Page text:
Jun 15 2015rnrnReclaimed Outdoor Spaces Invigorate The City & Offer Modern Opportunities For Leisurern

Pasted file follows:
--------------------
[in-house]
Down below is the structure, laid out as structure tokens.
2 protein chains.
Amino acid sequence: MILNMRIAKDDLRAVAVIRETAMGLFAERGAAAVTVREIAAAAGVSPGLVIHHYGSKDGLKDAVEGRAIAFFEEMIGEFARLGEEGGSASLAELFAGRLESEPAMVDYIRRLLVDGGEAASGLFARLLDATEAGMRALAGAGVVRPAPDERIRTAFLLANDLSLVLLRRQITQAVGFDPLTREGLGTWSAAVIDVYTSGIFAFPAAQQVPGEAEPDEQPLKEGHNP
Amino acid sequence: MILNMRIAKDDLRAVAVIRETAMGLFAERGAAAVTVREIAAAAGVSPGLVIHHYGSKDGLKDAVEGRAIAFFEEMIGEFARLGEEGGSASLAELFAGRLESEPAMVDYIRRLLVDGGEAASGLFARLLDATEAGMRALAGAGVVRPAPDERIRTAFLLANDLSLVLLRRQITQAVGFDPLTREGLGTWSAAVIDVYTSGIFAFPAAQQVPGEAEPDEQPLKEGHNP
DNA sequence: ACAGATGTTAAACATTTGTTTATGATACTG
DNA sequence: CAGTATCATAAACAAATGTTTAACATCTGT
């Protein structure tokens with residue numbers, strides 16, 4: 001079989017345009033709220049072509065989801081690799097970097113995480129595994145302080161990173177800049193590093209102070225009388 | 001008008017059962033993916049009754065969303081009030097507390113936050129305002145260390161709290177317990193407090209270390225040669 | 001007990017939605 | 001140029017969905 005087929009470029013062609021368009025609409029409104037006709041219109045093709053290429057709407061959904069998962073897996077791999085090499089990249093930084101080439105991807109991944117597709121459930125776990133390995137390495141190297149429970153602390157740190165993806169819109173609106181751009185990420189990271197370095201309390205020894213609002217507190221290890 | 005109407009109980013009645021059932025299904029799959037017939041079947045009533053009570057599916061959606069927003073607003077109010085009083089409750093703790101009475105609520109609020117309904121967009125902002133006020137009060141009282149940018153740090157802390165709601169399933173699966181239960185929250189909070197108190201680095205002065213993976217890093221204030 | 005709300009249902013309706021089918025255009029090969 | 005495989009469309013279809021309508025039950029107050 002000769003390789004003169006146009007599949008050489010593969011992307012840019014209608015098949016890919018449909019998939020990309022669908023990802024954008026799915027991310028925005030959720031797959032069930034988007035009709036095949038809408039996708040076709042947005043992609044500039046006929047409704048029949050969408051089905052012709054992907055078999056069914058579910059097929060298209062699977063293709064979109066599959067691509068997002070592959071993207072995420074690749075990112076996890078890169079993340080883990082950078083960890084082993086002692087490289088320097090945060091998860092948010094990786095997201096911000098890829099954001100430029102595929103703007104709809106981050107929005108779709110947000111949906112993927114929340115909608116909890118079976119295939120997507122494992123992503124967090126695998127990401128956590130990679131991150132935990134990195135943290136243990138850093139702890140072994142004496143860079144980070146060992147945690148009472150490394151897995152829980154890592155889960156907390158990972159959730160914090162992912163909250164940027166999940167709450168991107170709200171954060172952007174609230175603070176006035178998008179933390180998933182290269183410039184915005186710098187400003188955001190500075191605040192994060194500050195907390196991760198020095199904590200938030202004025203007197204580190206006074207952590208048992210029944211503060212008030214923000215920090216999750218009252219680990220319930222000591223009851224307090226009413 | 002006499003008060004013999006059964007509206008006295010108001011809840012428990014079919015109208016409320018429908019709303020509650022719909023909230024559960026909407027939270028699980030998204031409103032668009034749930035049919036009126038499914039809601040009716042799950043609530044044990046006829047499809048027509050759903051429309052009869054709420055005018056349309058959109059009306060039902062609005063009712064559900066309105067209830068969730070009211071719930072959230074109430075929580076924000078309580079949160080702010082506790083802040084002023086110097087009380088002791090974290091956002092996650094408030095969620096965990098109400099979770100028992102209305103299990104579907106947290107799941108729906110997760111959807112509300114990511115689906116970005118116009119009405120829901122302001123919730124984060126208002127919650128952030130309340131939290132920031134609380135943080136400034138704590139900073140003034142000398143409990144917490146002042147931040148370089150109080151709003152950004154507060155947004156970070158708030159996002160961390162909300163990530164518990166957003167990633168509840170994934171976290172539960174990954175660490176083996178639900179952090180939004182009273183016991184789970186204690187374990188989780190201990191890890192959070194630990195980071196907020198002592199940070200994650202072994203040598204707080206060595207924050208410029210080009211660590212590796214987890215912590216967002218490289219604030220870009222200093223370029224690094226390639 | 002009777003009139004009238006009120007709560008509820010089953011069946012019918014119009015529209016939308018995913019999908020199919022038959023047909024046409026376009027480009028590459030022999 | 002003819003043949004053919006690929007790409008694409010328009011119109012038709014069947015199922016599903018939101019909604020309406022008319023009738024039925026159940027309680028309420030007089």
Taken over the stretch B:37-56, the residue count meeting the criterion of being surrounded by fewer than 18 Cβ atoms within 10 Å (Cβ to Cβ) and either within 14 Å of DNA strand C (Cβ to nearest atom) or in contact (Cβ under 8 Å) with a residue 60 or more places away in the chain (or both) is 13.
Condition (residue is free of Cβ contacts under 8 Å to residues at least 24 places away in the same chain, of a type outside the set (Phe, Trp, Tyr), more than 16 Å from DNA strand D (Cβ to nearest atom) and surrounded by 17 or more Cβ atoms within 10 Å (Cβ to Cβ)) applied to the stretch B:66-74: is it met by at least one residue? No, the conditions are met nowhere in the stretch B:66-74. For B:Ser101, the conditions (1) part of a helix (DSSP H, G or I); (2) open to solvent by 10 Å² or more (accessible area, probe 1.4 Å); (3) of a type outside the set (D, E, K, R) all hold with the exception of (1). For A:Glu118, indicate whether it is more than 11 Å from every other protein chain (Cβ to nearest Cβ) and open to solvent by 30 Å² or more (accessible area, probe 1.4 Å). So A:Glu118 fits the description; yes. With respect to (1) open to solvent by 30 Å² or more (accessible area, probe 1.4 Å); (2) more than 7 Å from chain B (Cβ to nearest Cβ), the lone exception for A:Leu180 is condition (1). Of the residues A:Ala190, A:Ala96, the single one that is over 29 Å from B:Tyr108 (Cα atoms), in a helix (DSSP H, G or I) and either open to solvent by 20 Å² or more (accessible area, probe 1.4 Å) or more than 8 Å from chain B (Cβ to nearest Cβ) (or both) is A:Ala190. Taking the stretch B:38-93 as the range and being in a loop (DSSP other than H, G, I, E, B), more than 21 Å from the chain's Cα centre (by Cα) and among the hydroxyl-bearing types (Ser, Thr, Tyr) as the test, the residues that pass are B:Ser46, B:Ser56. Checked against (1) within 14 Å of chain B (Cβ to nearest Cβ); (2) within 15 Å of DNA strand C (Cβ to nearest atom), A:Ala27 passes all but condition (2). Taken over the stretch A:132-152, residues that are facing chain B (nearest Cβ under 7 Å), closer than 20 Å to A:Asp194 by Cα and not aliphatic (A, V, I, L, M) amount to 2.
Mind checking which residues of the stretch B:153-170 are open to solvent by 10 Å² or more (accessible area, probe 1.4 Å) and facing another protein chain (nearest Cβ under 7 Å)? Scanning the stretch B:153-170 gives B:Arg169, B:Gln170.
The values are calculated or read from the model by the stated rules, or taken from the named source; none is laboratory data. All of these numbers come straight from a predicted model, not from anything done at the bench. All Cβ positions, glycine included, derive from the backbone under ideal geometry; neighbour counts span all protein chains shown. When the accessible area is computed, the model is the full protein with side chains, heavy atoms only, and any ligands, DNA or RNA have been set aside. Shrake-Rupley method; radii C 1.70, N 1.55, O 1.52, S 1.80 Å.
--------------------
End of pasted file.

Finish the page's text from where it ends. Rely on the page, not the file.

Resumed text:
rnSpruce Street Harbor ParkrnrnIn The New York Times' influential “52 Places To Go In 2015” article, writer Nell McShane Wulfhart calls Philadelphia “an urban outdoor oasis,” attributing the city’s transformation to places like Dilworth Park, Race Street Pier, Spruce Street Harbor Park and Bike Share. And what an urban oasis it is.rnrnPhiladelphia’s residents and visitors are heading outdoors in huge numbers thanks to the activation of many under-utilized spaces in recent years. Lively urban parks, reimagined recreational landscapes and spirited pop-up gardens have taken over once-overlooked patches of land and water. These transformations have the city’s civic planners reclaiming inactive riverbanks, surplus lots and forlorn rail lines while stimulating a fun and festive sense of community pride.rnrnMuch of the action can be spotted in Center City and on Philadelphia’s two rivers: the quiet, beautiful Schuylkill to the west and the shipping waterway of the Delaware 30 blocks to the east. In between the two rivers, picturesque parks and lively beer gardens now live in once-abandoned parcels of land.rnrnDelaware River:rnThe Delaware River Waterfront Corporation (DRWC) is spearheading much of the development along the city’s eastern waterfront. As cities worldwide find new ways to bring activity to post-industrial ports and piers, the organization moves ahead with a master development plan that creates appealing public destinations every half-mile and truly connects the city to its waterfront from north to south:rnrnDelaware River Trail: The first 1,400-foot-long portion of the riverfront trail is now open for cyclists and walkers from Spring Garden Street to Ellen Street. Now, the DWRC is turning its attention to the next two phases: replacing the southern portion of the trail that currently runs between Washington Avenue and Pier 70 Boulevard and cutting the ribbon on the SugarHouse Casino portion, which will link the existing part of the Riverfront trail at Ellen Street to the casino’s current bike path. The trail forms part of the East Coast Greenway and will link to a planned river-to-river bike path. The Delaware Valley Regional Planning Commission and the William Penn Foundation funded this project. (215) 629-3200, delawareriverwaterfront.comrnRace Street Pier: Located in the shadow of the Benjamin Franklin Bridge, the first project in DRWC’s master plan for the Central Delaware River opened in 2011 and features two levels for recreation. The upper terrace, dubbed the Grand Sky Promenade, rises 12 feet toward the bridge and is paved with Trex, a sustainable, synthetic decking material made out of reclaimed plastic and wood. The promenade is connected to the lower terrace by a multi-tiered seating area, perfect for watching the tide roll in. The DRWC conducts free yoga classes seven days a week in season. Major funding came from the William Penn Foundation. Columbus Boulevard & Race Street, (215) 629-3200, racestreetpier.comrnWaterfront Winterfest: In 2013, DRWC got people buzzing with the first installment of its Waterfront Winterfest, a seasonal garden and village featuring ice-skating at the Blue Cross RiverRink, shops, music, food and fire pits. Year two of Waterfront Winterfest featured an even cozier lodge experience, upscale food, fireplaces, fire pits, a new light show and more activities in and outside of the lodge. 101 S. Columbus Boulevard, (215) 925-RINK, waterfrontwinterfest.comrnSpruce Street Harbor Park: DRWC followed up Waterfront Winterfest with the wildly popular Spruce Street Harbor Park. This year’s edition of the summertime pop-up implements the successful elements of the 2014 edition, like the hammocks and floating barges, with additional food vendors and other elements to make the park even better and more successful. For its first year, Spruce Street Harbor received a $310,000 ArtPlace America grant. Open through September 27, 2015. Columbus Boulevard & Spruce Street, (215) 629-3200, sprucestreetharborpark.comrnWashington Avenue Pier: Following the enthusiastic reception of the permanent Race Street Pier, DRWC debuted Washington Avenue Pier in 2014. Visitors can climb a beacon created by artist Jody Pinto, take in river views from an elevated boardwalk and follow markers that relate the site’s history as a major immigration hub and the nation’s first navy yard. The William Penn Foundation, Pennsylvania Department of Conservation and Natural Resources, Pennsylvania Department of Environmental Protection and DRWC provided the $2.15 million in funding for this project. Columbus Boulevard & Washington Avenue, (215) 629-3200, delawareriverwaterfront.comrnBlue Cross RiverRink Summerfest: Capitalizing on the success of Winterfest, DRWC launched a warm-weather version of its riverside rink and gathering place. The centerpiece of the summer edition is an outdoor roller-skating rink, which is located next to an air-conditioned lodge outfitted with rocking chairs for comfy people-watching, eating and drinking. The outdoor village also features misting towers and rock-climbing. Discounts for rink admission are offered to Blue Cross subscribers. Open through September 27, 2015. 101 S. Columbus Boulevard, (215) 925-RINK, delawareriverwaterfront.comrnPier 68: On Pier 68, scheduled to open in mid-2015, recreational anglers and recreation-seekers can fish, relax, bring picnics and observe the tidal nature of the Delaware River from up close. The $1.7 million in funding for this project came from the William Penn Foundation, the City of Philadelphia, the Pennsylvania Department of Community and Economic Development, the National Fish and Wildlife Foundation, Wells Fargo and Walmart. Columbus Boulevard & Pier 70 Boulevard, delawareriverwaterfront.comrnSchuylkill River:rnLong a labor of love for citizens who live in the western part of Center City, the Schuylkill River Trail, overseen by the Schuylkill River Trail Council, is beginning to connect the lower part of the river to trails that wind through Manayunk all the way to Valley Forge and beyond.rnrnSchuylkill River Trail: The paved riverfront trail that currently runs from the Philadelphia Museum of Art to the Schuylkill River Park and its popular dog park is about to get even longer. A new segment, planned for construction in late 2015, will allow runners, bikers, bladers and outdoor types to cruise along the river from Christian Street to Kelly Drive and beyond, passing the Philadelphia Museum of Art, Water Works Restaurant & Lounge, Paine’s Park skateboard park, Lloyd Hall and bike and Segway rentals near Boathouse Row. Also under construction beginning in 2015: Bartram’s Mile, a new greenway that will soon expand riverfront access in Southwest Philadelphia from Grays Ferry Avenue to 56th Street. Future plans for the trail include repurposing an abandoned historic railroad crossing just south of Grays Ferry Avenue Bridge, connecting the Grays Ferry Crescent and Bartram’s Mile. (215) 222-6030, schuylkillbanks.orgrnSchuylkill Banks Boardwalk: Philadelphia now has its own permanent boardwalk in the form of a 15-foot-wide, 2,000-foot-long, ADA-compliant concrete path that juts out above the Schuylkill River. Part of the Schuylkill Banks trail, it provides runners, bikers and pedestrians with a trail connection between Locust Street and the South Street Bridge. Those who want to take in the scenery can do so at any of the four overlooks offering city and waterfront views. The boardwalk opened to rave reviews in fall 2014 and was funded principally by federal and city funding. Schuylkill River (near 25th Street) at Locust Street, (215) 222-6030, schuylkillbanks.orgrnVenice Island: The Philadelphia Water Department partnered with Parks & Recreation and residents of Philadelphia’s Manayunk neighborhood to turn a municipal project into an island-size children’s attraction. Here’s how it happened: The utility built a four million-gallon underground water tank and a pumping station with a green roof. On top of the tank went a 250-seat performing arts center devoted primarily to kids’ theater, an outdoor amphitheater, basketball and volleyball courts, a “sprayground” water feature and lots of park space with stunning sunrise and sunset water views. The water department paid for construction, and the parks department operates the recreational attractions. Main & Cotton Streets, (215) 482-9565, City:rnCenter City District is spearheading much of the park work in the core of the city, with solid contributions from the Pennsylvania Horticultural Society and Philadelphia Parks & Recreation, to ensure that recreational opportunities abound in parks and pockets all over downtown Philly.rnrnDilworth Park: In September 2014, City Hall’s front yard went from a concrete jungle to a $55 million multi-use park, complete with tree groves, benches, a Cuban-themed cafe and areas for outdoor events and performances. A programmable fountain offers children a place to romp and splash in warm-weather months. During the winter, an ice rink brings skaters to the promenade. Sloping glass headhouses lead to the major transit hub below the park. Donors include the U.S, Department of Transportation, Center City District, Commonwealth of Pennsylvania, City of Philadelphia and SEPTA, as well as private foundations, businesses and individuals. 15th & Market Streets, (215) 482-9565, dilworthpark.orgrnSister Cities Park: Moms bring their strollers for free fitness classes (with singing) and music lovers bring their own bottles for picnics and performances at the landscaped urban oasis. For less organized fun, the park features a cafe, an eco-smart visitor center, an outdoor children’s discovery garden and play area, a boat pond, a pint-sized hill that evokes the Wissahickon Valley and a fountain that pays tribute to Philadelphia’s 10 sister cities. Center City District maintains and programs the park, which was rehabbed with help from The Pew Charitable Trusts, the William Penn Foundation, the John S. and James L. Knight Foundation and the Commonwealth of Pennsylvania. 18th Street & Benjamin Franklin Parkway, (215) 440-5500, sistercitiespark.orgrnThe Oval: Ben Franklin surely would have appreciated this pop-up park, which in the warm months occupies Eakins Oval, a little-used parking lot on the Benjamin Franklin Parkway. Themed days and nights spotlight food and fashion trucks, movies, a beer garden, free health and fitness classes and an art installation commissioned by the Mural Arts Program. The park, open for its third year in 2015, was imagined and executed by Philadelphia Parks & Recreation and presented by PNC. 2451 Benjamin Franklin Parkway, theovalphl.orgrnPHS Pop Up Garden: The Pennsylvania Horticultural Society (PHS) is bringing two versions of its popular greening projects (called “horticultural interventions” by staffers) to underused lots in 2015. The South Street Pop Up returns with a new design that romances the garden, while the first-time East Passyunk location transforms a vacant lot into an urban garden of sustainable practices and repurposed materials. Both feature curated food and beer menus, with proceeds supporting PHS programs such as City Harvest, which brings together a network of community gardeners who raise fresh, healthy food for 1,200 families in need each week. Open through October 1, 2015. 15th & South Streets, 9th & Wharton Streets, (215) 988-8800, phsonline.orgrnReading Viaduct Rail Park: Work could begin as soon as 2016 to transform a quarter-mile section of an abandoned elevated rail line in to a leafy green space with flowering plants and plenty of room to walk, sit and admire the Center City view from the raised rails. With help from the William Penn Foundation and the Poor Richard’s Charitable Trust, Center City District has completed the community-approved design for a portion of the viaduct and is currently raising money to begin renovations. Vine Street between Callowhill & Noble Streets, centercityphila.orgrnCenter City & Beyond:rnrnBike Share: Pedal power hit Philadelphia in April 2015 with the launch of Indego, the city’s bike-share program named for sponsor Independence Blue Cross. Cyclists can rent 600 bikes located at 65 stations throughout Center City and beyond. They can pay for Indego passes by the month or by the trip. rideindego.comrnFrankford Pause: Looking like a set out of a futuristic Hairspray, this neon-pink permanent park is slated to open in fall 2015. Commissioned by the Frankford Community Development Corporation as a place to fuse art and public activity, the park displays magenta lights that grow brighter when the SEPTA train pulls into the adjacent station and dim as it leaves. A community garden and stage also anchor the megaphone-shaped space. Frankford Avenue & Paul Street, PHILADELPHIA® makes Philadelphia and The Countryside® a premier destination through marketing and image building that increases the number of visitors, the number of nights they stay and the number of things they do in the five-county area.rnrnOn Greater Philadelphia’s official visitor website and blog, and, visitors can explore things to do, upcoming events, themed itineraries and hotel packages. Compelling photography and videos, interactive maps and detailed visitor information make the sites effective trip-planning tools. Along with Visit Philly social media channels, the online platforms communicate directly with consumers. Travelers can also call and stop into the Independence Visitor Center for additional information and tickets.rnrnContact(s):rnDonna Schorr, (215) 599-0782